Sat. Jul 20th, 2024

BITE Guest Trend | How to defend yourself against dupes: lessons from the food and drink world

By Vaseline May31,2024

As copycats become cool, here are four lessons you can learn from food and beverage brands that have successfully built and secured their authenticity and image:

1. Connect through culture to defend identity

Brush up on your cultural relevance and be more “Lululemon” – in other words, don’t be afraid to get involved. Hunter launched the Tabasco brand on TikTok, after seeing a consumer document her challenge on the channel to refill a mini Tabasco bottle, with (gasp!) competitor’s sauce. By combining product seeding, community management, experiential focus, PR and a willingness to take risks, the brand purposefully fanned the flames of the #hotsaucewars, to create a social moment that this consumer – and the watching world – wouldn’t would forget. The strategy paid off: Tabasco became the most followed hot sauce on TikTok worldwide within a month of its launch.

2. Dial-up quality and integrity

When seen as a sign of consumer approval, dupes can increase desire for the real thing. Remember what your brand stands for and don’t be afraid to rely on those values ​​so the audience can distinguish authentic from fake.

When faced with the launch of copycat challenger ‘Heritage Breeds’, a colorful egg brand, Clarence Court drove awareness and understanding of its premium positioning and authentic heritage to support its higher price point. In celebration of the brand’s 90th anniversary, Clarence Court has created a ‘lookbook’ featuring exclusive images and recipes from top chefs and collaborated with premium partners to host multiple media and influencer events, delivering product quality, provenance and wellness messages throughout the anniversary year . . The widespread visibility helped boost sales of Clarence Court, maintaining its top position in the market despite competition from challengers.

Brands that remember that customer loyalty comes from this level of trust in product quality and manufacturing standards will thrive. Last Christmas the FSA warned consumers about counterfeit chocolate bars branded ‘Prime’ and ‘Wonka Bars’, which could be unsafe to eat. Meanwhile, in an innovative effort to combat the fakes, Italian brand Parmigiano-Reggiano has embedded edible microchips into its cheese so consumers can identify ‘formaggio forgeries’.

3. Mitigation instead of litigation

No doubt imitation is more irritating than flattering, but don’t be too quick to denounce it. The cautionary tale of M&S and Aldi’s rival caterpillar cakes, Colin versus Cuthbert, may have entertained us, but the case belies the challenges of launching copycat action. While M&S successfully defended its light-up, festive gin bottle design against a discounter version, Thatchers Cider recently lost its trademark infringement claim against supermarket Aldi. While the odds may seem to be in your favor, the resulting story can be very different. Consider focusing on making a mark on the culture for positive reasons, and earning the attention of those who matter versus prosecuting professionals.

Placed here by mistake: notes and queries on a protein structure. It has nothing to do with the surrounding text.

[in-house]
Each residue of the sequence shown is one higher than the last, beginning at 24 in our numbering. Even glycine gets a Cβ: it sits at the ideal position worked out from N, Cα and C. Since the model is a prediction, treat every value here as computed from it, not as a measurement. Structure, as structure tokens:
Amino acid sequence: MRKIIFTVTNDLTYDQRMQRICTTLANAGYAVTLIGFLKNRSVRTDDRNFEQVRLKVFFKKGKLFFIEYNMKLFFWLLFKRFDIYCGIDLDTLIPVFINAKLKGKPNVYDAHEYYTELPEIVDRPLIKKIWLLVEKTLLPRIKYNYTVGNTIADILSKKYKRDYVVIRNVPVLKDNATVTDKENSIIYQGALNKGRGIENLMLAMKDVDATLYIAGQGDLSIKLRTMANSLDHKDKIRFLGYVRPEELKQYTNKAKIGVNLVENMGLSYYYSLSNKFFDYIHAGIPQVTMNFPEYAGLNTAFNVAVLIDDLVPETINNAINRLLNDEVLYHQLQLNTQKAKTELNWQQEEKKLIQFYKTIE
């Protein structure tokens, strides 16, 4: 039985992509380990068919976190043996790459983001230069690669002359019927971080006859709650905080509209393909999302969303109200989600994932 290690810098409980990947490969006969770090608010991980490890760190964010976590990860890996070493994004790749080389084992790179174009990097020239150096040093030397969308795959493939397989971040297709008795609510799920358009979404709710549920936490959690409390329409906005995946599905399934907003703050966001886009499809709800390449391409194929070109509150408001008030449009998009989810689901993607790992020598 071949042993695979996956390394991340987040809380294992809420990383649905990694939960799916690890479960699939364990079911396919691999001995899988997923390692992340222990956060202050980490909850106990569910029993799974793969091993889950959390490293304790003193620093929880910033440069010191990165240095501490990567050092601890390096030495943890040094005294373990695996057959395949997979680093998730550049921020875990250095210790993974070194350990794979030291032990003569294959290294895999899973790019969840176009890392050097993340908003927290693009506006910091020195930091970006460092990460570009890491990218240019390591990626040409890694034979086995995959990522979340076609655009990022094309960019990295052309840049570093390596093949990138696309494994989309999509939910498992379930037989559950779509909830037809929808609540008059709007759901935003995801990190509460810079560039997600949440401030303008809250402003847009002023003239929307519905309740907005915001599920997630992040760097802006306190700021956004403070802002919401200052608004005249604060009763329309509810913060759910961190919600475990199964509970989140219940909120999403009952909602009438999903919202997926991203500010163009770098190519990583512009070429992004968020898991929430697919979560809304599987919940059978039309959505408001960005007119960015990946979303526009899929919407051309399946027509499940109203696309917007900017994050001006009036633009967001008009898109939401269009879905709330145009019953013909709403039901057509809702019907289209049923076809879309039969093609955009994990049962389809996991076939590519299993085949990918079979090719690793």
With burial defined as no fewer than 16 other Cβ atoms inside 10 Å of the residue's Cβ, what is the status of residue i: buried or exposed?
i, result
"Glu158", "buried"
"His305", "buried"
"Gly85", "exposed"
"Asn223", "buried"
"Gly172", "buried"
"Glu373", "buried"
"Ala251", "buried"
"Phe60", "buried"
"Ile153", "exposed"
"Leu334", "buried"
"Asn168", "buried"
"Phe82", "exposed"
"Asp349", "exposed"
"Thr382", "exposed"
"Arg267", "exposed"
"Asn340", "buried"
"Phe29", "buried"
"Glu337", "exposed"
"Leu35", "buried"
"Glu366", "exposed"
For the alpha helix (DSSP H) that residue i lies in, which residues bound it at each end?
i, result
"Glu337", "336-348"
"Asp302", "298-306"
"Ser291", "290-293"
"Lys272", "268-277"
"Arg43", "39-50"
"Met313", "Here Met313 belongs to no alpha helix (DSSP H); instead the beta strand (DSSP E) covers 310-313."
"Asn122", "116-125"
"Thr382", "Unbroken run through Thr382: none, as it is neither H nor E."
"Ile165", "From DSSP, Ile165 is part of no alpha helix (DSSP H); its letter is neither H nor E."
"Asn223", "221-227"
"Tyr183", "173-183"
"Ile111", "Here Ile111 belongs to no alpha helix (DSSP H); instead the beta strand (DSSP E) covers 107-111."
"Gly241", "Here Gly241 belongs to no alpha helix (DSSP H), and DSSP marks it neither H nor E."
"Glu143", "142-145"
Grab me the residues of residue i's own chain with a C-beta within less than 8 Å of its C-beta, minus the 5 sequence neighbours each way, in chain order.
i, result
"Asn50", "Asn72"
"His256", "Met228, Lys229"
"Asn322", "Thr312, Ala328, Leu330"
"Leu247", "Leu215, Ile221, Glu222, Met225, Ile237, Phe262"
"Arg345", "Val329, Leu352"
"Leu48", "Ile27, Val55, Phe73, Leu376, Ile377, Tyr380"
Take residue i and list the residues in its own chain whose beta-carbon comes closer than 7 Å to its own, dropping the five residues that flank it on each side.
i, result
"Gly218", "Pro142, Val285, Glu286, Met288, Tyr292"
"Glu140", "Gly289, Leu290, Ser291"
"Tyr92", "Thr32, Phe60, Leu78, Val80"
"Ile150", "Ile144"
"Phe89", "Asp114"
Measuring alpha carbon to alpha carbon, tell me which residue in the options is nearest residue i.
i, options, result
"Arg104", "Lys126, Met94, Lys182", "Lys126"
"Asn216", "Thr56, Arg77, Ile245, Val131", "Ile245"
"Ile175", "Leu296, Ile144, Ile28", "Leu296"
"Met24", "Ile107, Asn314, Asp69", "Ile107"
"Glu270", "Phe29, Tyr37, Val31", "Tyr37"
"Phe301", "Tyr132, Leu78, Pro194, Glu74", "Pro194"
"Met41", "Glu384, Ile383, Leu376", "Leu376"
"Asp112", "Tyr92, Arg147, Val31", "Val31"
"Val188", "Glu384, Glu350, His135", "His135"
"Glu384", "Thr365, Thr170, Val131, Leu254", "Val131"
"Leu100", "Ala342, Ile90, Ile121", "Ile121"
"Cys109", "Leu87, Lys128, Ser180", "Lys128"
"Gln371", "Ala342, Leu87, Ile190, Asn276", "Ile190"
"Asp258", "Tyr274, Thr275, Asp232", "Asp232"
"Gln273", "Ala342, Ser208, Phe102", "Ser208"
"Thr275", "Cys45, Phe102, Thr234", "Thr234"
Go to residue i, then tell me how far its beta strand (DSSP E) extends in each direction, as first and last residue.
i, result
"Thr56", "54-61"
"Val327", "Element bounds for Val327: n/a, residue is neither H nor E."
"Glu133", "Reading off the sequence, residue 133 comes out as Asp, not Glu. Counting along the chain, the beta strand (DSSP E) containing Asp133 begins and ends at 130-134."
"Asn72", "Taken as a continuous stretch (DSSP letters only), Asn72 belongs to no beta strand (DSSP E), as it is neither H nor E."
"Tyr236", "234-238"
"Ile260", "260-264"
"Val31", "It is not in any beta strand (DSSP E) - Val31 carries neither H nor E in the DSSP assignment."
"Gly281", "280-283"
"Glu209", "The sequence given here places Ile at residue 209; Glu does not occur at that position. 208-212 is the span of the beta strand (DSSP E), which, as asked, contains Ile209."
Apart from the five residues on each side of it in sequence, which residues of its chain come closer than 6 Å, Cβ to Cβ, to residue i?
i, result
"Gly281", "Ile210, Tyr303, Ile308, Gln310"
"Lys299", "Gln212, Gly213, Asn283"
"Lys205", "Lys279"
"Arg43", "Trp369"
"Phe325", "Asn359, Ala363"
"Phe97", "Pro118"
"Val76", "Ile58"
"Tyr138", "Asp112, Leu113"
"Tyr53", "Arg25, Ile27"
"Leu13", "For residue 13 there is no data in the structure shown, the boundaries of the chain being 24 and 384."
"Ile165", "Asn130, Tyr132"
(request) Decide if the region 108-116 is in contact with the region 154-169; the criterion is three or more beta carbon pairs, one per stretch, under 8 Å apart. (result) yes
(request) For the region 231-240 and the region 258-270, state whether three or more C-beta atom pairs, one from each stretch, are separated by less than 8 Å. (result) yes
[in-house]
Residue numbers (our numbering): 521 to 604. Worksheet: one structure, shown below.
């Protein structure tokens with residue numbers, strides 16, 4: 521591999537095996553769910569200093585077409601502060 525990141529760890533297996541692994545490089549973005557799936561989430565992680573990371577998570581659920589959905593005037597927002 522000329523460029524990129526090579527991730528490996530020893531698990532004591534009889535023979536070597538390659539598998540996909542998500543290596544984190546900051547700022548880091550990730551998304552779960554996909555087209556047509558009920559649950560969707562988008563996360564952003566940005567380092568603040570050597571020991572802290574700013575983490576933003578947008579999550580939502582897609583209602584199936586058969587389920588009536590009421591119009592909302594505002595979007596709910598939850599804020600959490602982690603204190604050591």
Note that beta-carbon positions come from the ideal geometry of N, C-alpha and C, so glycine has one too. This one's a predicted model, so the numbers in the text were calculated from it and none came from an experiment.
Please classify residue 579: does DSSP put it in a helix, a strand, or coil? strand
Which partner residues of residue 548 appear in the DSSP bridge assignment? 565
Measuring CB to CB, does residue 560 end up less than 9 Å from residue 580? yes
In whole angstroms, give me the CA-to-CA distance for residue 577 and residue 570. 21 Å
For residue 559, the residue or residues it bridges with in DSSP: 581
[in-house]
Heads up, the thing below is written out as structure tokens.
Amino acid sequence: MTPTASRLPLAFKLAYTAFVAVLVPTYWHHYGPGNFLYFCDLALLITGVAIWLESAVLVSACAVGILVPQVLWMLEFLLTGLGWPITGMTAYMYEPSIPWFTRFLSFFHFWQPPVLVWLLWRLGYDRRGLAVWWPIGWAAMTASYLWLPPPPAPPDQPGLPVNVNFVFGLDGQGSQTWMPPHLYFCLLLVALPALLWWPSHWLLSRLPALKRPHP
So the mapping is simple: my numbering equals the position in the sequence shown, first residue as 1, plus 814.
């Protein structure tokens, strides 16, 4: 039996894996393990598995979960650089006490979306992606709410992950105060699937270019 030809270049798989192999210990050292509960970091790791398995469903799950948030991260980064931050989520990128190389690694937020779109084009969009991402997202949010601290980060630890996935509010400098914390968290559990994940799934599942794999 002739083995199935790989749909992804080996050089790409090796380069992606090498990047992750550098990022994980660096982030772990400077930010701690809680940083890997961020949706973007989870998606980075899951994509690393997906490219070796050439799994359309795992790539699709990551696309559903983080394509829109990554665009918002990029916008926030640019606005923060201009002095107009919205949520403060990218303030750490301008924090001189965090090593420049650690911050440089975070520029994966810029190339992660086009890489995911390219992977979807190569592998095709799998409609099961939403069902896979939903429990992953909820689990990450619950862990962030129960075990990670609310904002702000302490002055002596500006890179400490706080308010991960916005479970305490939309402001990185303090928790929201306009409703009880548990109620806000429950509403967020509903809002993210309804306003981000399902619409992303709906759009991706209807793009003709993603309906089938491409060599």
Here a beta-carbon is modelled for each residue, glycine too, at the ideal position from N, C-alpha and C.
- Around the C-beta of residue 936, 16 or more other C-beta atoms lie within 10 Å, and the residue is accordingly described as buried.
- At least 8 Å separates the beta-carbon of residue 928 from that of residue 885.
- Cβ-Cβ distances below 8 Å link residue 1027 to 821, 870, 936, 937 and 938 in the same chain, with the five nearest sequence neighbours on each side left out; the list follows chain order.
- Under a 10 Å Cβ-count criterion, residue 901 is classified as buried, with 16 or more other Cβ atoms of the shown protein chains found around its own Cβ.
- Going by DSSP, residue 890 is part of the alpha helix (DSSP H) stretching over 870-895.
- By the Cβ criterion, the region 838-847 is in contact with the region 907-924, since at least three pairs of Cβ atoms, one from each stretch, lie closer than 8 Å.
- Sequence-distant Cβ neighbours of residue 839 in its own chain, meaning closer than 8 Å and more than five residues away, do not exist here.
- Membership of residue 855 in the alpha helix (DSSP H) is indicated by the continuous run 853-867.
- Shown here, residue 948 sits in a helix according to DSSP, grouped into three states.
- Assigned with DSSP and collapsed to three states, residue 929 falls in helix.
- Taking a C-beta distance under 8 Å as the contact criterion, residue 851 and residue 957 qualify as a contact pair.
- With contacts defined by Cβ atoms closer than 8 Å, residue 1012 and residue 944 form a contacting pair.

4. Deliver more value in the cost of living crisis

As the popularity of K-wave culture extends into the kitchen, kimchi brands have emerged without Korean connections. Jongga, Korea’s No. 1 Kimchi brand, cemented its authenticity for British audiences through an engaging experience with broad news appeal. The Jongga Flavorverse was a three-week pop-up inspired by pop culture with a multiverse theme. By creating a culinary journey through immersive worlds, we empowered visitors to travel with their taste buds when the cost of living crisis kept them grounded. Importantly, we showed how the brand offered deeper value to the consumer than just the product. Powered by PR, including on-trend chef partnerships, influencer marketing and earned media outreach, we brought a piece of Seoul to London, with no passports required, reaching over 244 million people and driving a 27% consideration increase, putting Jongga firmly on London’s foodie map, despite less authentic competition.

The rise of cheaper imitators shows the importance of building brand love among the consumer public. Today’s shoppers have a sophisticated set of considerations. They don’t just want to buy things. They are interested in a brand’s backstory and how it contributes to society. To appeal to young consumers looking for value, brands must not change the conversation, but be part of it. Brands that forge an emotional connection by operating with distinction in the culture are best protected from copycats.

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